On paper, Randy Waldron Jr. was $2.5 million in debt and a convicted felon. He owed hundreds of thousands of dollars to credit card companies, owed back taxes to the state of Florida, and had liens and civil actions against him.
In reality, Waldron was a 17-year-old high school junior living in New Hampshire, who in 1998 couldn't get a student loan for college or a credit card because his Social Security number had been stolen when he was just 1 year old.
Making matters worse, the man who stole Waldron's identity was his father.
"My father was charismatic, attractive and successful. He always had money and was never broke," Waldron told ABC NEWS.com.
"He maintained that image until 1998 when I was getting ready to graduate from high school. I wanted to be an airline pilot and applied to every college with a program, but was rejected by all of them. I couldn't understand, because my grades in school had always been good," he says.
"At about the same time, I received rejection letters from credit card companies and financial aid institutions. … I wrote to get my free credit report and when it came back it was 50 pages long," he says. "I was 17 years old and had liens against me. I owed Master Card and Visa hundreds of thousands of dollars and back taxes in Florida."
Soon after Randy was born in 1981, his father, Randy Waldron Sr., left his mother and moved to Florida. By 1982 Waldron Sr. was fraudulently using his son's spotless identity as his own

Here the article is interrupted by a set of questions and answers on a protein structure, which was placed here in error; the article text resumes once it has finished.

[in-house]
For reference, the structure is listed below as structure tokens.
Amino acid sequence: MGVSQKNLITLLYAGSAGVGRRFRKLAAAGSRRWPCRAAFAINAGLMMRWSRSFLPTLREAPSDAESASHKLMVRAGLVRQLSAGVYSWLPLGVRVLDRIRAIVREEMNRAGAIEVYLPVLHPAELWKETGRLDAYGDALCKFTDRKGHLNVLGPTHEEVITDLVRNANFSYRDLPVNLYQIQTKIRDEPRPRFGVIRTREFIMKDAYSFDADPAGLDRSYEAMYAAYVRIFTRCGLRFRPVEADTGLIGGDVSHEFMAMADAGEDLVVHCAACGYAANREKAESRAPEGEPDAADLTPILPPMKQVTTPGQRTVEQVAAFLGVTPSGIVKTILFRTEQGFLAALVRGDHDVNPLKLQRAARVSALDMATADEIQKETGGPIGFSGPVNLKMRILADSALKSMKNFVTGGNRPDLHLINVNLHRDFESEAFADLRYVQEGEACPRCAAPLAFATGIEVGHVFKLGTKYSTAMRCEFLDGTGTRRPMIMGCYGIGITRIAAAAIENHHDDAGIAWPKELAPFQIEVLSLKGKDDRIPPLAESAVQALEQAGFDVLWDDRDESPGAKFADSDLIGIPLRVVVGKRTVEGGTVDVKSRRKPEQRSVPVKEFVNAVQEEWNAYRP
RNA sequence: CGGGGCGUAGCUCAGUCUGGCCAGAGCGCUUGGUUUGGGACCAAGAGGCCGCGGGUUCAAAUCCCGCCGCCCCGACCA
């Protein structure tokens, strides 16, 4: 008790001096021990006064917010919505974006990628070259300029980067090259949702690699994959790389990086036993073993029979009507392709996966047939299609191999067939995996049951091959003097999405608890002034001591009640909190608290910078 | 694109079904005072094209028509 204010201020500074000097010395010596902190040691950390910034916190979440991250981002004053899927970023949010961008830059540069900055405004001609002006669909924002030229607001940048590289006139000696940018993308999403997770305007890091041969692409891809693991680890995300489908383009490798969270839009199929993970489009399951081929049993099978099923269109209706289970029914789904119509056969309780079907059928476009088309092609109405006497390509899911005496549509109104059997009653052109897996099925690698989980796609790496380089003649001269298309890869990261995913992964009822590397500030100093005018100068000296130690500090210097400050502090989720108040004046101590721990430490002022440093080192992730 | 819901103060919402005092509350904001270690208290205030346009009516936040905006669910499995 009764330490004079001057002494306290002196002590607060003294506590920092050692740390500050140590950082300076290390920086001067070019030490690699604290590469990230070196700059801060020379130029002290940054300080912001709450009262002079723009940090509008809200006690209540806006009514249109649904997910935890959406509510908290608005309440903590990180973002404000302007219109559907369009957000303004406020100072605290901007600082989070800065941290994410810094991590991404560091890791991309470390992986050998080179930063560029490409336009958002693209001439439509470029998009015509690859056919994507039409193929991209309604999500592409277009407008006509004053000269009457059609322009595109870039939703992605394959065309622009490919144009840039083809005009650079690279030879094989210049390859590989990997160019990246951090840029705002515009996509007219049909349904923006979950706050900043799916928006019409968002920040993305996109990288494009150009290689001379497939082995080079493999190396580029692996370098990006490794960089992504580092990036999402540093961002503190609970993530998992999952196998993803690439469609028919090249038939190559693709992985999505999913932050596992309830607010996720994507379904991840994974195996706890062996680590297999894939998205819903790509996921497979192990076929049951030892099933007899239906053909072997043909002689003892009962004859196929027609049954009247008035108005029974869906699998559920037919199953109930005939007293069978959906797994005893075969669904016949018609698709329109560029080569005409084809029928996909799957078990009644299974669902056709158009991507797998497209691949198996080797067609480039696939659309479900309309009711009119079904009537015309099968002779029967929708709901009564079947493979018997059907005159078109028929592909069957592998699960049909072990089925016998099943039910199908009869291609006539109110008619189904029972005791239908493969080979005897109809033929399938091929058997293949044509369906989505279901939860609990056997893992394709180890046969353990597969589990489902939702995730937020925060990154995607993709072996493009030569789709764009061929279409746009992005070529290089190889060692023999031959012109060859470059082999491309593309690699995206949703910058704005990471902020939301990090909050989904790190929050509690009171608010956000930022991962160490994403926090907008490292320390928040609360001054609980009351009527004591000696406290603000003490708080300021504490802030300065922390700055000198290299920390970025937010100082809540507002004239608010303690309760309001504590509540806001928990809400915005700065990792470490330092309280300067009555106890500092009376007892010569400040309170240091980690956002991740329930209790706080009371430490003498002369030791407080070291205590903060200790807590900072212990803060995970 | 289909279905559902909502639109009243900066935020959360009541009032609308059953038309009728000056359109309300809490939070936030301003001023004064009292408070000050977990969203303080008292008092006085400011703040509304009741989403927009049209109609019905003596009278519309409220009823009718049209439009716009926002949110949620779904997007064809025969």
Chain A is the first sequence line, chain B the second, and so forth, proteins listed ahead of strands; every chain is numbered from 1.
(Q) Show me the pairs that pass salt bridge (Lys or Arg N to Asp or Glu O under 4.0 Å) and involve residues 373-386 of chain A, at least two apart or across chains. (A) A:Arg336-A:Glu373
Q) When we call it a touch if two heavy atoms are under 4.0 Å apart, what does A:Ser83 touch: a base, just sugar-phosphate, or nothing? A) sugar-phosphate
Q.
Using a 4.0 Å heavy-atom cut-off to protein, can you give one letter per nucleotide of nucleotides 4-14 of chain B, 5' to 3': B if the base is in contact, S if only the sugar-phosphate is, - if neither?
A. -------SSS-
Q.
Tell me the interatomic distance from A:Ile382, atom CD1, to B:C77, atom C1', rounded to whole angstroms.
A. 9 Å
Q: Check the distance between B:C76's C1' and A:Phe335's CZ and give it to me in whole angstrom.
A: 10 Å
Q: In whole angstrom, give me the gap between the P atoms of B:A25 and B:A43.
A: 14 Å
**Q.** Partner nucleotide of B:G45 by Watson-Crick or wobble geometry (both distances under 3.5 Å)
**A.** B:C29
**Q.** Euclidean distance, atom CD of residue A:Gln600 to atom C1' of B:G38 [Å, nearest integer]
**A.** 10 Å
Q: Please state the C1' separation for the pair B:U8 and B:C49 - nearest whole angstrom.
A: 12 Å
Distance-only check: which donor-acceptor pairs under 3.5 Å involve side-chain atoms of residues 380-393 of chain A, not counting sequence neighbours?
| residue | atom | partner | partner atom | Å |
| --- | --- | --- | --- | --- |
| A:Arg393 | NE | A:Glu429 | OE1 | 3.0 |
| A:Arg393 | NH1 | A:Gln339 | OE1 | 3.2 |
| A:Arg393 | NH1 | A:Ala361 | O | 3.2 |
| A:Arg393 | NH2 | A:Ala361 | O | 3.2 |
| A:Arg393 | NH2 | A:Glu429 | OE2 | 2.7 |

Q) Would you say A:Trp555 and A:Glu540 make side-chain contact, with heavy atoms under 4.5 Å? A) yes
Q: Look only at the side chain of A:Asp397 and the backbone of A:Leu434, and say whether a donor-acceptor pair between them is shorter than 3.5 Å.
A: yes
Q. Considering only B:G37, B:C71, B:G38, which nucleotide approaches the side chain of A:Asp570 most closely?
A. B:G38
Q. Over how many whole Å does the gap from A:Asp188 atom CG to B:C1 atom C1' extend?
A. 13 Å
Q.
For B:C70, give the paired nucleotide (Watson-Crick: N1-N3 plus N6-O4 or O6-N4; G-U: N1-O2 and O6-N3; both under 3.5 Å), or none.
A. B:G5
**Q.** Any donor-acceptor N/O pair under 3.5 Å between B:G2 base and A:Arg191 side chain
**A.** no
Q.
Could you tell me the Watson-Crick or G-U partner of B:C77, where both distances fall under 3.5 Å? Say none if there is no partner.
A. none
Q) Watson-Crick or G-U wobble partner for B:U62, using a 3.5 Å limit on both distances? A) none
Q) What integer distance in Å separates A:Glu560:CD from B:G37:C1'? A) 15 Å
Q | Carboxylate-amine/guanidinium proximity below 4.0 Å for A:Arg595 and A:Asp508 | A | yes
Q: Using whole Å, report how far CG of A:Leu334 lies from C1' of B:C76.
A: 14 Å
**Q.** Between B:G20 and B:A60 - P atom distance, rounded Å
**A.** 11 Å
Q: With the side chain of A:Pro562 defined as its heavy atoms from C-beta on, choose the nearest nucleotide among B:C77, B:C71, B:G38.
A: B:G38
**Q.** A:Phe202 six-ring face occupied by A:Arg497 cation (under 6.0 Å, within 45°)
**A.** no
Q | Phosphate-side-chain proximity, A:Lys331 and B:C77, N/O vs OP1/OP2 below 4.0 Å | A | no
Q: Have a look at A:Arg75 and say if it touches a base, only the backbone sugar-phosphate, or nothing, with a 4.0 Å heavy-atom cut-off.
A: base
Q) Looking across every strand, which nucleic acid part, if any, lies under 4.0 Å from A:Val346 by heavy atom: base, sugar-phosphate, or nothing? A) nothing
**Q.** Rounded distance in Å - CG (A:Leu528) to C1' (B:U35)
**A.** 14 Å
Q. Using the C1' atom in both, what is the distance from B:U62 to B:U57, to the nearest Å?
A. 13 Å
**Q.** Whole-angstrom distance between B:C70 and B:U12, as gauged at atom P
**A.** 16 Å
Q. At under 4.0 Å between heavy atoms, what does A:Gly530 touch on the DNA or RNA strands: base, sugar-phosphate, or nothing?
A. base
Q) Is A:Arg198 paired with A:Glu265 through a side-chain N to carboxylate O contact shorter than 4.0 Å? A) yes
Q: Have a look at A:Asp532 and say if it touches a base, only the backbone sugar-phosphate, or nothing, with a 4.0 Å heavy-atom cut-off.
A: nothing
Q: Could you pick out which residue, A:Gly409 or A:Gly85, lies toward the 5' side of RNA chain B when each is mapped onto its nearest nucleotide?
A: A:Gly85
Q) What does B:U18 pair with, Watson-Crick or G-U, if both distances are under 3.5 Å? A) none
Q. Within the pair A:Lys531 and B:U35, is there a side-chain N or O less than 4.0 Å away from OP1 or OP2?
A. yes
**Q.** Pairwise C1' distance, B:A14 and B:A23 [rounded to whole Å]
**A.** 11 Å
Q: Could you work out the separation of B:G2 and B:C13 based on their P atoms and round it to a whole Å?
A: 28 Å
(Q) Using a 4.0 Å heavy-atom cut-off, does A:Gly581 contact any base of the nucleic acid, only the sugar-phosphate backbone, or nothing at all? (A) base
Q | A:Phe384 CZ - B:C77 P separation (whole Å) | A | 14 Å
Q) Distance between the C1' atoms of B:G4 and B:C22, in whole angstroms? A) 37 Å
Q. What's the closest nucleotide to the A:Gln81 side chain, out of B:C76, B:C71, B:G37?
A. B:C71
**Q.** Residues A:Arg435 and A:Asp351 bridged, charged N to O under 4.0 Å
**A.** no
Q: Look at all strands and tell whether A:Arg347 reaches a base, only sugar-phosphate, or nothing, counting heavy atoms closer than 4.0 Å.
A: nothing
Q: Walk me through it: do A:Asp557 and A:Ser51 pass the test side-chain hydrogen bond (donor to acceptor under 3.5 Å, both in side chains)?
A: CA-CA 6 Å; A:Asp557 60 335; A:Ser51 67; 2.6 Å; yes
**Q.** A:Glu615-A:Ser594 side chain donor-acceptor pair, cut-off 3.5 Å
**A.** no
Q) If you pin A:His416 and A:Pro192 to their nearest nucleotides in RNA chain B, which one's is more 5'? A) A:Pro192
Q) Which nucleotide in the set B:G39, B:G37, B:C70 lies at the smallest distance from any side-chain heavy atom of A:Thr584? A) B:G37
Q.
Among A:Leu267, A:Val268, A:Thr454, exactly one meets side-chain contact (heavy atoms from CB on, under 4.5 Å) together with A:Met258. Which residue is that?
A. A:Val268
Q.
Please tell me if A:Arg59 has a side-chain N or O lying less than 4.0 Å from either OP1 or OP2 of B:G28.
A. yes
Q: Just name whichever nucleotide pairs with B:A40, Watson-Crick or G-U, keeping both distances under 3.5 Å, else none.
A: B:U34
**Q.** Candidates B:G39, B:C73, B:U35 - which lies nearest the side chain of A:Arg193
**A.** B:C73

Waldron was one of thousands of children whose identities are stolen every year. With the proliferation of the Internet, identity theft has become easier, experts told ABC NEWS.com. Children are particularly vulnerable to having their identities stolen by family members.
Of the 246,035 cases of identity theft reported to the Federal Trade Commission last year, about 5 percent, or 12,301, involved children.
Children are often the victims of identity thieves because their credit and backgrounds are clean, Social Security numbers are not linked to their owners' names or ages, and victims typically won't realize there is problem for many years, said Linda Foley, founder of the Identity Theft Resource Center.
Children's Social Security numbers, when not stolen by family members, are often acquired by people who work in schools, hospitals or doctors' offices where there is easy access to personal information, she says.
Lists of Social Security numbers can also be easily purchased through the Internet.
Foley says there were more than 204 security breeches last year, with more than 88 million records compromised. A small number of those records, she says, will get into the hands of identity thieves.
Families whose children have been victimized find out in a variety of ways, she says.
"They may start getting phone calls from a collection agency, or when a child applies for a driver's license they'll find out there are warrants for DUIs. In a family where the parents are divorced, one parent is sometimes tipped off when they see the child's name appear on the caller ID."
Foley says her organization is working with members of Congress on a bill that would let credit institutions know which Social Security numbers belong to minors.